“Each institution has its own needs and demands for efficiency and success, which have taken over the prophetic dimension of ministry. [We] somehow desensitise ourselves from that ‘prophetic sting’ and it is lost. How do we reclaim that part of our discipleship?”

“The Jesus moment was and always will be prophetic and revolutionary. You cannot domesticate the fire,” said Sr Sujita. “Today the spirit leads us to ask ourselves: In what concrete ways can we be prophets and mystics in our own lifestyle, spirituality and community? How do we help our public juridic persons (PJPs)* keep alive the prophetic spirit? What are we doing to ensure that the prophetic flame of our institution is kept alive?”

Sr Mary’s talks were complemented by sessions from Passionist Father Chris Monaghan cp who guided participants through scripture passages exploring the character, call and challenges of the prophets of the Old Testament. His presentation was interspersed with music, poetry and his own photographic work.

Fr Chris pointed out that the prophets were often called unexpectedly and lived a life of radical trust in God and with great vulnerability. He also touched on various texts that showed the significant role of women prophets who were rarely mentioned but figured greatly during critical moments in Old Testament history. “The central characteristics of prophecy in Israel had two senses: one who was called and one who proclaims. It’s one thing to be called, but you have to respond, you have to go out of your comfort zone and you have to proclaim in words or action,” said Fr Chris. “In other words, God’s word does not come back empty.”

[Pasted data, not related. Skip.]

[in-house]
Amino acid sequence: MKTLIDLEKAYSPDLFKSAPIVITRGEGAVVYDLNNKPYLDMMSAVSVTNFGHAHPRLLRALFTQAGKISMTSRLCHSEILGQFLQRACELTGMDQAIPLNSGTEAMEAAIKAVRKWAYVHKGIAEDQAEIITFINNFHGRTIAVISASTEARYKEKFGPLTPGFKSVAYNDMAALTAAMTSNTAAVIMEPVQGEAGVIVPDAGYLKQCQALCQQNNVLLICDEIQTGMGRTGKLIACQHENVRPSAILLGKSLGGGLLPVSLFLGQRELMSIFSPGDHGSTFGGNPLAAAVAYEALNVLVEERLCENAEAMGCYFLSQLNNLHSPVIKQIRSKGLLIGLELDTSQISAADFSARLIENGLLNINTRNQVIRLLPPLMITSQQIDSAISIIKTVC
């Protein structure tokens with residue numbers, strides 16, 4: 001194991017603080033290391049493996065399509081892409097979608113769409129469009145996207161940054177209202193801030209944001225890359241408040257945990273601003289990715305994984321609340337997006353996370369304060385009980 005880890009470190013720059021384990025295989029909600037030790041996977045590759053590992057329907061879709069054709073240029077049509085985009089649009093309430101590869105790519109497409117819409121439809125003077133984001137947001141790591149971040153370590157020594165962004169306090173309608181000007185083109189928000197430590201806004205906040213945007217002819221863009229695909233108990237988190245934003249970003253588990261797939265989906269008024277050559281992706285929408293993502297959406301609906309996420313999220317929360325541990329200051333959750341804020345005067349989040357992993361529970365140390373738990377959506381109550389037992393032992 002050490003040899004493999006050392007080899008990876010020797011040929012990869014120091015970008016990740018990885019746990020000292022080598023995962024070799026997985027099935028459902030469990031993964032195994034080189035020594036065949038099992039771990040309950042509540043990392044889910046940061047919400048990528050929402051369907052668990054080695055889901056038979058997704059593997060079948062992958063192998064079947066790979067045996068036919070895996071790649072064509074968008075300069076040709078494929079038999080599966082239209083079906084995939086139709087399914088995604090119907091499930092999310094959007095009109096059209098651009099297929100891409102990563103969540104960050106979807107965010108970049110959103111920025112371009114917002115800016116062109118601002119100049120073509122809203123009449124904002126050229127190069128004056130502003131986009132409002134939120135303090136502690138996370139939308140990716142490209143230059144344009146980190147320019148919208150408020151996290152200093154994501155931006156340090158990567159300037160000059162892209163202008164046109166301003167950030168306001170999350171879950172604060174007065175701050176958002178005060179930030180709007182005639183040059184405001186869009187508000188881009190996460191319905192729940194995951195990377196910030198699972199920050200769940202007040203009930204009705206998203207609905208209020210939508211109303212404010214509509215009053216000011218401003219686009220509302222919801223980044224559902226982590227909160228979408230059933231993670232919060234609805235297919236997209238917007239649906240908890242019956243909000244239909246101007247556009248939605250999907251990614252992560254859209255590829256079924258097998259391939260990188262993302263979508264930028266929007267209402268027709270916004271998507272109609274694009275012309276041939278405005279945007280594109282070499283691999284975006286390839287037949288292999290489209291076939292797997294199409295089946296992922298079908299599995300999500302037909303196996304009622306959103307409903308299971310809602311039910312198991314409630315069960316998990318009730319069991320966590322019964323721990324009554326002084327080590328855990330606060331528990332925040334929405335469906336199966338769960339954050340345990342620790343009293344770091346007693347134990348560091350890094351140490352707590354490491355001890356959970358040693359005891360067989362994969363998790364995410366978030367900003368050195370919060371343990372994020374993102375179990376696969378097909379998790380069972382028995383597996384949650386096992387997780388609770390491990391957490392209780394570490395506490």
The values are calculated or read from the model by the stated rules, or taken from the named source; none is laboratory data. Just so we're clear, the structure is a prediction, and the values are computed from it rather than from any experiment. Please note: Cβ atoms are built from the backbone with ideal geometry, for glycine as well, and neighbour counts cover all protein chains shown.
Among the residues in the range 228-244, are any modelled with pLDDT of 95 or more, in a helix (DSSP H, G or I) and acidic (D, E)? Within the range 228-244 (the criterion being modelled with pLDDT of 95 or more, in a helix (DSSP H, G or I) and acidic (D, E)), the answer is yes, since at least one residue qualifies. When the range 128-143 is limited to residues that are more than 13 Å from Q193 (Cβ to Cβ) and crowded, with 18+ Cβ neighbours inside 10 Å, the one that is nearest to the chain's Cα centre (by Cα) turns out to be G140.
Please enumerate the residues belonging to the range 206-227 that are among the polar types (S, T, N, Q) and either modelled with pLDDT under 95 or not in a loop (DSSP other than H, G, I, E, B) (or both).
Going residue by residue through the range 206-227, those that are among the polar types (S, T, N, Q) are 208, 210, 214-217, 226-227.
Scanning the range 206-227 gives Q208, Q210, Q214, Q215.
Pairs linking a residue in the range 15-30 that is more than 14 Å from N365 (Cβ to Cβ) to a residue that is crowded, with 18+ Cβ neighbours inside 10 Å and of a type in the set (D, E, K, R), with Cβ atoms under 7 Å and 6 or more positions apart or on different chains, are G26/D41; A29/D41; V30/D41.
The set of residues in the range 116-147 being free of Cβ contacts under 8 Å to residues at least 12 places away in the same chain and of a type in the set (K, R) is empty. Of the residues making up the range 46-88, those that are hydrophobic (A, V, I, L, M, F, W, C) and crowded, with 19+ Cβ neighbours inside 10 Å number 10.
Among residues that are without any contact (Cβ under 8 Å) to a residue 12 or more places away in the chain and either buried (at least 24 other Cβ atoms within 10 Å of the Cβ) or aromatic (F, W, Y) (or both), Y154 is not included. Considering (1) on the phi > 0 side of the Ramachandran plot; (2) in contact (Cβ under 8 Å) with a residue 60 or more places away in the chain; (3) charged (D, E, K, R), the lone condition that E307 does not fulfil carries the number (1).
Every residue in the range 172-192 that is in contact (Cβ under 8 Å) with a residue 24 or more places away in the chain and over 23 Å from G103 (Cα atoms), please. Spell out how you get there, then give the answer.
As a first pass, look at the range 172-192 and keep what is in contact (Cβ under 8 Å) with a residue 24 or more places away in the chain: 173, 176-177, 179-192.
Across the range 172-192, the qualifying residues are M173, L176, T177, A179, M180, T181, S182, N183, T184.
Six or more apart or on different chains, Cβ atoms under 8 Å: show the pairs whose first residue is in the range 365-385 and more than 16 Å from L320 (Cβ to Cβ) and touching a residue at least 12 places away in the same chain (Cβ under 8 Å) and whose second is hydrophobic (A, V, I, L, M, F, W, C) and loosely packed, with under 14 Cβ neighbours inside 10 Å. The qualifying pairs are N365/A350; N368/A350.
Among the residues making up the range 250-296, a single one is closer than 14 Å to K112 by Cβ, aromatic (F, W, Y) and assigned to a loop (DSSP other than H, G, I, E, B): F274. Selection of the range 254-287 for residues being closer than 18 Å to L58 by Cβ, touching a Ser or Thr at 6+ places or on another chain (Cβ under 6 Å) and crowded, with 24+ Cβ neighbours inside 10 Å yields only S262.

“Prophets are immersed in public crises but are not primarily political agents or social activists. The poetic language of the prophet is intended to disrupt, destabilise and invite to alternative perceptions.”

Fellowship and farewells

The sessions ran over two days with periods of reflection and sharing facilitated by Br Graham Neist fms and moderator Sr Monica Cavanagh rsj. The fellowship was enriched by music-filled prayer sessions and the presence of representatives from overseas religious conferences: Sr Denise McMahon smsm representing the Conference of Major Superiors - Pacific Islands (CMSPI), Fr Rozario Menezes smm from the Federation of Religious in Papua New Guinea and Solomon Islands. It was also attended by Auxiliary Bishop of Melbourne Mark Edwards omi, Bishop Tony Randazzo of the Archdiocese of Sydney, Francis Sullivan, CEO of the Truth, Justice and Healing Council (TJHC), Sheree Limbrick, CEO of Catholic Professional Standards (CPS), The Hon Geoffrey Giudice AO, Director of CPS, lay partners, guests representing Australian ministerial PJPs and sponsors.

The 2017 CRA National Assembly also saw some significant farewells, especially to Sr Rosemary Grundy pbvm who has served as CRA Director since 2015 and Sr Claire Condon sgs who recently retired as Co-Chair of the National Committee for Professional Standards, a joint committee of Catholic Religious Australia and the Australian Catholic Bishops Conference (ACBC). CRA staff Giselle Lapitan who will be moving on to a new role after five years as Communications Officer was also farewelled. CEO of the Truth, Justice and Healing Council Francis Sullivan was also honoured at this Assembly as the TJHC winds down its work in the near term.

*A Public Juridic Person or PJP is a legal entity under canon law that allows the Church's ministries to function in the name of the Catholic Church. Religious Institutes, Dioceses and some Lay Ecclesial groups are PJPs. Read more from this PowerPoint presentation on public juridic persons or PJPs: http://www.cha.org.au/images/1.6_Gabrielle_McMullen.pdf.

(Text and photos by Giselle Lapitan)

Click here for the National Assembly page for materials on the 2017 CRA National Assembly.